Nola's Story

by Amrita Lal-Paterson

Supporting: What If We Had Known . . . ? for Group B Strep International



This was written by my husband just a couple of days after our daughter, Nola, passed away from Group B Strep.

Early Tuesday morning,May 6, 2008, about 1:00 a.m., Amrita started having a lot of back pain and not long after started having contractions. I brought her to the hospital at about 8:30 and for most of the day she of course struggled with the contractions and everything associated with early labor. Everything was fine according to the doctors, and they were respectful of our wishes to try and have a natural childbirth unless we requested otherwise or events should dictate otherwise. They did have a fetal monitor set up, and about 4:30 pm nearly the entire wing of the hospital came in like gangbusters into the room, as the baby's heart rate dipped to a very low level. About 10 medical personnel entered at once and started all kinds of new tubes and monitors, rushing around madly as our doula and I looked on. Fortunately the heart rate went back up after Amrita changed positions and after several minutes of monitoring. But the doctors recommended that Amrita get an epidural because if it dropped again there was the possibility of an emergency C-section, and if she didn't have the epidural set up already then they would have to give her general anaesthesia and she wouldn't even be awake for the birth of our baby, not to mention the risks involved with general anesthesia to both mother and baby.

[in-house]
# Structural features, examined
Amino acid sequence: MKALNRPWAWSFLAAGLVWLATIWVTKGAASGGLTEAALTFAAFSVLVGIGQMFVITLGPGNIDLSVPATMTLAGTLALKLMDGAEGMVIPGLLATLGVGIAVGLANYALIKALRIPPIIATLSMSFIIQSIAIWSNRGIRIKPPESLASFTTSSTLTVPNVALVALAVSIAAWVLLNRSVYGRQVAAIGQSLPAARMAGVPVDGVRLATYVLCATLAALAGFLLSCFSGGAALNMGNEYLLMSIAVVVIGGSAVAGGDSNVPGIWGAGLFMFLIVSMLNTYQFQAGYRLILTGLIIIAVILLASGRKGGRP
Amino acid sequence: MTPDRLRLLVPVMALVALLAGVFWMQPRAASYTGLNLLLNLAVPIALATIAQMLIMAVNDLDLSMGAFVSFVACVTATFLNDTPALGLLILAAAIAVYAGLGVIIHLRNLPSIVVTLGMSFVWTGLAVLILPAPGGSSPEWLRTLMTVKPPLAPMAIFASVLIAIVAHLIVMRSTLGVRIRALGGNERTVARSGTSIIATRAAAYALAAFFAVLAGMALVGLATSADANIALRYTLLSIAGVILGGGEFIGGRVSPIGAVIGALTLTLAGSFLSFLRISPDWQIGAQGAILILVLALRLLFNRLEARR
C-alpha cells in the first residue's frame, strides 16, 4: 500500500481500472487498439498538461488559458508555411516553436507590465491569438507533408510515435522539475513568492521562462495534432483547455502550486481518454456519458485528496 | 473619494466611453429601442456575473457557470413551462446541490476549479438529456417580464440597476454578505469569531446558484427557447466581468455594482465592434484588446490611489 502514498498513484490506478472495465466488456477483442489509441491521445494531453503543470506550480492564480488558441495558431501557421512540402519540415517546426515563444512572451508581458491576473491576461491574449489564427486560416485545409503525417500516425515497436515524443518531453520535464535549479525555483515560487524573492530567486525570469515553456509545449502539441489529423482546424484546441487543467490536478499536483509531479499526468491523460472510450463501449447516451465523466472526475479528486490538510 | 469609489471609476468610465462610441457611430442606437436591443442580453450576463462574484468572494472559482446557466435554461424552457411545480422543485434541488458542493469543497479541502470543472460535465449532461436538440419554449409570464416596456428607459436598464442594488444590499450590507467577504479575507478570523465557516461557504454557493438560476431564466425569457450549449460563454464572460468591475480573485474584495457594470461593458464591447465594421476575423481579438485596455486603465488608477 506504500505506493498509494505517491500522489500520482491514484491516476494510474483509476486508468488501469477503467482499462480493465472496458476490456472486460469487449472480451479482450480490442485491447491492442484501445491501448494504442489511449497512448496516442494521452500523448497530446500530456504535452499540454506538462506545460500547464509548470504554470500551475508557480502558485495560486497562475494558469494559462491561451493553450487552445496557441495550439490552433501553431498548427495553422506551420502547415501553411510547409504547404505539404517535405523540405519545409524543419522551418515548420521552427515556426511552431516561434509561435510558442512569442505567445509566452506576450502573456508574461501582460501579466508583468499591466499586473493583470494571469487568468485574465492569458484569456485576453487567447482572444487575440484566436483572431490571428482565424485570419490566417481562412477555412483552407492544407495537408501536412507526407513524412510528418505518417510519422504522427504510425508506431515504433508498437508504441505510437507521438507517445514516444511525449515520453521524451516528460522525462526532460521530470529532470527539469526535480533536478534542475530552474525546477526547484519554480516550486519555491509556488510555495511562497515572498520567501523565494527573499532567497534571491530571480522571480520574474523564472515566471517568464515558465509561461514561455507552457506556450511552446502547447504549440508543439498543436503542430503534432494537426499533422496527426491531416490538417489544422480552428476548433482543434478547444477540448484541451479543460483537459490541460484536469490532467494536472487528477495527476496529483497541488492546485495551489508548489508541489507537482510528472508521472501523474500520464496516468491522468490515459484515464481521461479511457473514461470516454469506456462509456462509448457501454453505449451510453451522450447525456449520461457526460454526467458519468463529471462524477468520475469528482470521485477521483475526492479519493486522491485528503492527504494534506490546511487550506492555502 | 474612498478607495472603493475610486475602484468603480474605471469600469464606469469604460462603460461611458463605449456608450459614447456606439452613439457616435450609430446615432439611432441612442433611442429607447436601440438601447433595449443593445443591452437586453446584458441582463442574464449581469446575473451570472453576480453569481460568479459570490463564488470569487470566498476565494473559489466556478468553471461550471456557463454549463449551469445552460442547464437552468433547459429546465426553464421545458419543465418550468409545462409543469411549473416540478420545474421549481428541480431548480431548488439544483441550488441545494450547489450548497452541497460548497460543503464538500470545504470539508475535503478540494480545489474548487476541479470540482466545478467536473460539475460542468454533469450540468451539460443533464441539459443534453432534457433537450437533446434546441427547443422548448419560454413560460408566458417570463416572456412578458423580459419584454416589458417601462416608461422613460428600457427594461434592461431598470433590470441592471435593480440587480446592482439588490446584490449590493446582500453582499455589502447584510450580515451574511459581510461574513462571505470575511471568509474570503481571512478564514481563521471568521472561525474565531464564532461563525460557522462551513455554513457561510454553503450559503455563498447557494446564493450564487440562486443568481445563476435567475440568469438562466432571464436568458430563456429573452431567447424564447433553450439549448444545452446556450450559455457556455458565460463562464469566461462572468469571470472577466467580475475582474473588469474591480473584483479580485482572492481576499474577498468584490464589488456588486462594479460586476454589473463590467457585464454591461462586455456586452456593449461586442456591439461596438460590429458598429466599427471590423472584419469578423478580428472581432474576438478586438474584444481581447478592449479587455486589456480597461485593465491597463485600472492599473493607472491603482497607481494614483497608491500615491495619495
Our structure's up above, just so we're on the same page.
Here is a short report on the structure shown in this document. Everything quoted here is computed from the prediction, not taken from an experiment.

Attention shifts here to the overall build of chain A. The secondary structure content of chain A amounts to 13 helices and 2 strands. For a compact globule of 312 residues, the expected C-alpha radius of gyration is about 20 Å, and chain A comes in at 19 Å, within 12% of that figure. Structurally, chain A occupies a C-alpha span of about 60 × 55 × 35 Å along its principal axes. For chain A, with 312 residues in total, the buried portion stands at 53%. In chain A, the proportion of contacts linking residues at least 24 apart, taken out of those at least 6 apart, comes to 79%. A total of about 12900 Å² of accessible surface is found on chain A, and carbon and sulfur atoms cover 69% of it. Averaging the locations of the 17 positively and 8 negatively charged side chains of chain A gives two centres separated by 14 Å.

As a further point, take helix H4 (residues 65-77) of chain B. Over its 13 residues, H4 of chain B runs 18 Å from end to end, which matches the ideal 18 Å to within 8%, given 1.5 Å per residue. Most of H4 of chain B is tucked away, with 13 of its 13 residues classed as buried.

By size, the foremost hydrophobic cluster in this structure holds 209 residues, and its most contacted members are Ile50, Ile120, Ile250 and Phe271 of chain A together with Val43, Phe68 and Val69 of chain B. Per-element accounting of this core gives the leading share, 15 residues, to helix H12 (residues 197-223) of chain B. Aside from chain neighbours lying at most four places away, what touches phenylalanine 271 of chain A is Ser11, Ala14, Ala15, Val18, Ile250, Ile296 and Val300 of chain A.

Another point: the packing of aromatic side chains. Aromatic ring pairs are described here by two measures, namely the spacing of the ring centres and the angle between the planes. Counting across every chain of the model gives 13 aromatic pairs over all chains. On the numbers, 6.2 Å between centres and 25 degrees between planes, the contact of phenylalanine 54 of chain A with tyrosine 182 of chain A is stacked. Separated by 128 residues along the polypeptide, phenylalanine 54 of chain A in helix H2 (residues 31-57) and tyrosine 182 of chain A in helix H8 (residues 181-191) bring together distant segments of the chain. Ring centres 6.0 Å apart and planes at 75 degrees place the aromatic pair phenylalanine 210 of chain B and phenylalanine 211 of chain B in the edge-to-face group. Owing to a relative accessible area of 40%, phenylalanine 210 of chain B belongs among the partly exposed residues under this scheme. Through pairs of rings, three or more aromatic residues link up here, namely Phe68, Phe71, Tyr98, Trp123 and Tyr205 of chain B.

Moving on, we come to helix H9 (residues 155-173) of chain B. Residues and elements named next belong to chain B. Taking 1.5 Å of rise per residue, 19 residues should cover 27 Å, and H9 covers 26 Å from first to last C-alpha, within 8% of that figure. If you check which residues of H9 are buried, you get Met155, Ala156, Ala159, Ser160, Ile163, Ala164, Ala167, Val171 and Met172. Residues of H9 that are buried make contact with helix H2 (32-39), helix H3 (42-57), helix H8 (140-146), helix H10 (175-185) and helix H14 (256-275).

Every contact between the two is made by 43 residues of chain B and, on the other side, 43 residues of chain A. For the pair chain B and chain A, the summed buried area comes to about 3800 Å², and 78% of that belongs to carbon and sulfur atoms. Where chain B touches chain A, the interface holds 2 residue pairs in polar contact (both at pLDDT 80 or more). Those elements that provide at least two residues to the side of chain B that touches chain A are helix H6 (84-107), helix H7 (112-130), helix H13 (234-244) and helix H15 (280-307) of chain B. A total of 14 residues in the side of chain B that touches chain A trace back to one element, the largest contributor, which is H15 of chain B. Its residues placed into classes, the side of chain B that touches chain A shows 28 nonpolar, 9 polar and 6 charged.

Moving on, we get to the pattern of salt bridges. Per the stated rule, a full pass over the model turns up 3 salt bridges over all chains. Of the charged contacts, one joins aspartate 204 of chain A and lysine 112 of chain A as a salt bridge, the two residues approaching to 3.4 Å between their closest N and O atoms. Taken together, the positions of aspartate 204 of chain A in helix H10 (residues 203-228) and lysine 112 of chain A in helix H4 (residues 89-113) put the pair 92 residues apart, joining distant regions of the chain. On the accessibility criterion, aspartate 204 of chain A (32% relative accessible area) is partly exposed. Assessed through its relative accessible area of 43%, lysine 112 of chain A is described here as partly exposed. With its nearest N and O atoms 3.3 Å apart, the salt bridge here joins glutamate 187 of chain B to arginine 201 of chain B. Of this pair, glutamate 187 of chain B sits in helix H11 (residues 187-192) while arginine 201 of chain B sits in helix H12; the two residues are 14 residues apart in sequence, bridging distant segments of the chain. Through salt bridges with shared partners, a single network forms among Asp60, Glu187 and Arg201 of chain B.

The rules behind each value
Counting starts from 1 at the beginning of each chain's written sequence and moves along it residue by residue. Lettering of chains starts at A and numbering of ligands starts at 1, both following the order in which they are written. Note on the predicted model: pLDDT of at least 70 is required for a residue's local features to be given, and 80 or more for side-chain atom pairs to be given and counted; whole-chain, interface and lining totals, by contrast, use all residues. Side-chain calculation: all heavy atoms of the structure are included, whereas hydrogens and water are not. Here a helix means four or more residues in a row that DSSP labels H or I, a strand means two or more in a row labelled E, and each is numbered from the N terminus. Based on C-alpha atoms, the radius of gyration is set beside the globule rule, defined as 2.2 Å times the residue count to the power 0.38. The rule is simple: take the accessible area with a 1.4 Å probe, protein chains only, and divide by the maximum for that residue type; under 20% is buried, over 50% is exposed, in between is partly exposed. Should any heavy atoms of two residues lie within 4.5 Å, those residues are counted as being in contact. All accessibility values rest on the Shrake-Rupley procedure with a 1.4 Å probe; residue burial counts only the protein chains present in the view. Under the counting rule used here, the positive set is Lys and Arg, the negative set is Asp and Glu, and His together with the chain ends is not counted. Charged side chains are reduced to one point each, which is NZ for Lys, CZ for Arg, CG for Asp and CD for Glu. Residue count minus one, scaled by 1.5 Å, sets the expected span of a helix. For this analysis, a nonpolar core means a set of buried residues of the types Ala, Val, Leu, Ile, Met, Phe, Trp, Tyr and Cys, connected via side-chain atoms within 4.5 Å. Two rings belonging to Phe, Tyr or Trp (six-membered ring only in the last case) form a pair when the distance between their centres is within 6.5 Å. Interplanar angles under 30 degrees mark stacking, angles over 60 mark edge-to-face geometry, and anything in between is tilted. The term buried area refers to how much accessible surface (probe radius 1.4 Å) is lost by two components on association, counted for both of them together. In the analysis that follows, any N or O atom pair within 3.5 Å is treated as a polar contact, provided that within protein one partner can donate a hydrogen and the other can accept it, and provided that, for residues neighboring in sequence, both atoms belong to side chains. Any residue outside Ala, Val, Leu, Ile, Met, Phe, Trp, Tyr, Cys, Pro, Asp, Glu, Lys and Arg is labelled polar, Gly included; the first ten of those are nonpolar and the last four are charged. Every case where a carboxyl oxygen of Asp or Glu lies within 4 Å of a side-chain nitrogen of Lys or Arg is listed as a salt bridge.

After they gave her the epidural they encouraged her to sleep for a bit, which she started to do. They also broke her water for her, which along with getting Amrita to relax with the epidural, they thought would help further labor along. Since I thought I now had a few minutes I left Amrita with our doula to make a couple quick phone calls letting family know the baby's progress and went down to the cafeteria to eat a quick bite. Just as I started to place something on the tray, our doula called me and said I needed to get back up to the room, they were going to do an emergency C-section because the baby's heart rate dropped again. After dressing in scrubs I got in to the surgery suite in time to hold her hand as the operating staff were jerking Amrita's body around underneath the surgical canopy that separated her and I from the trauma they were putting her body through, in an effort to get the baby out as quickly as possible.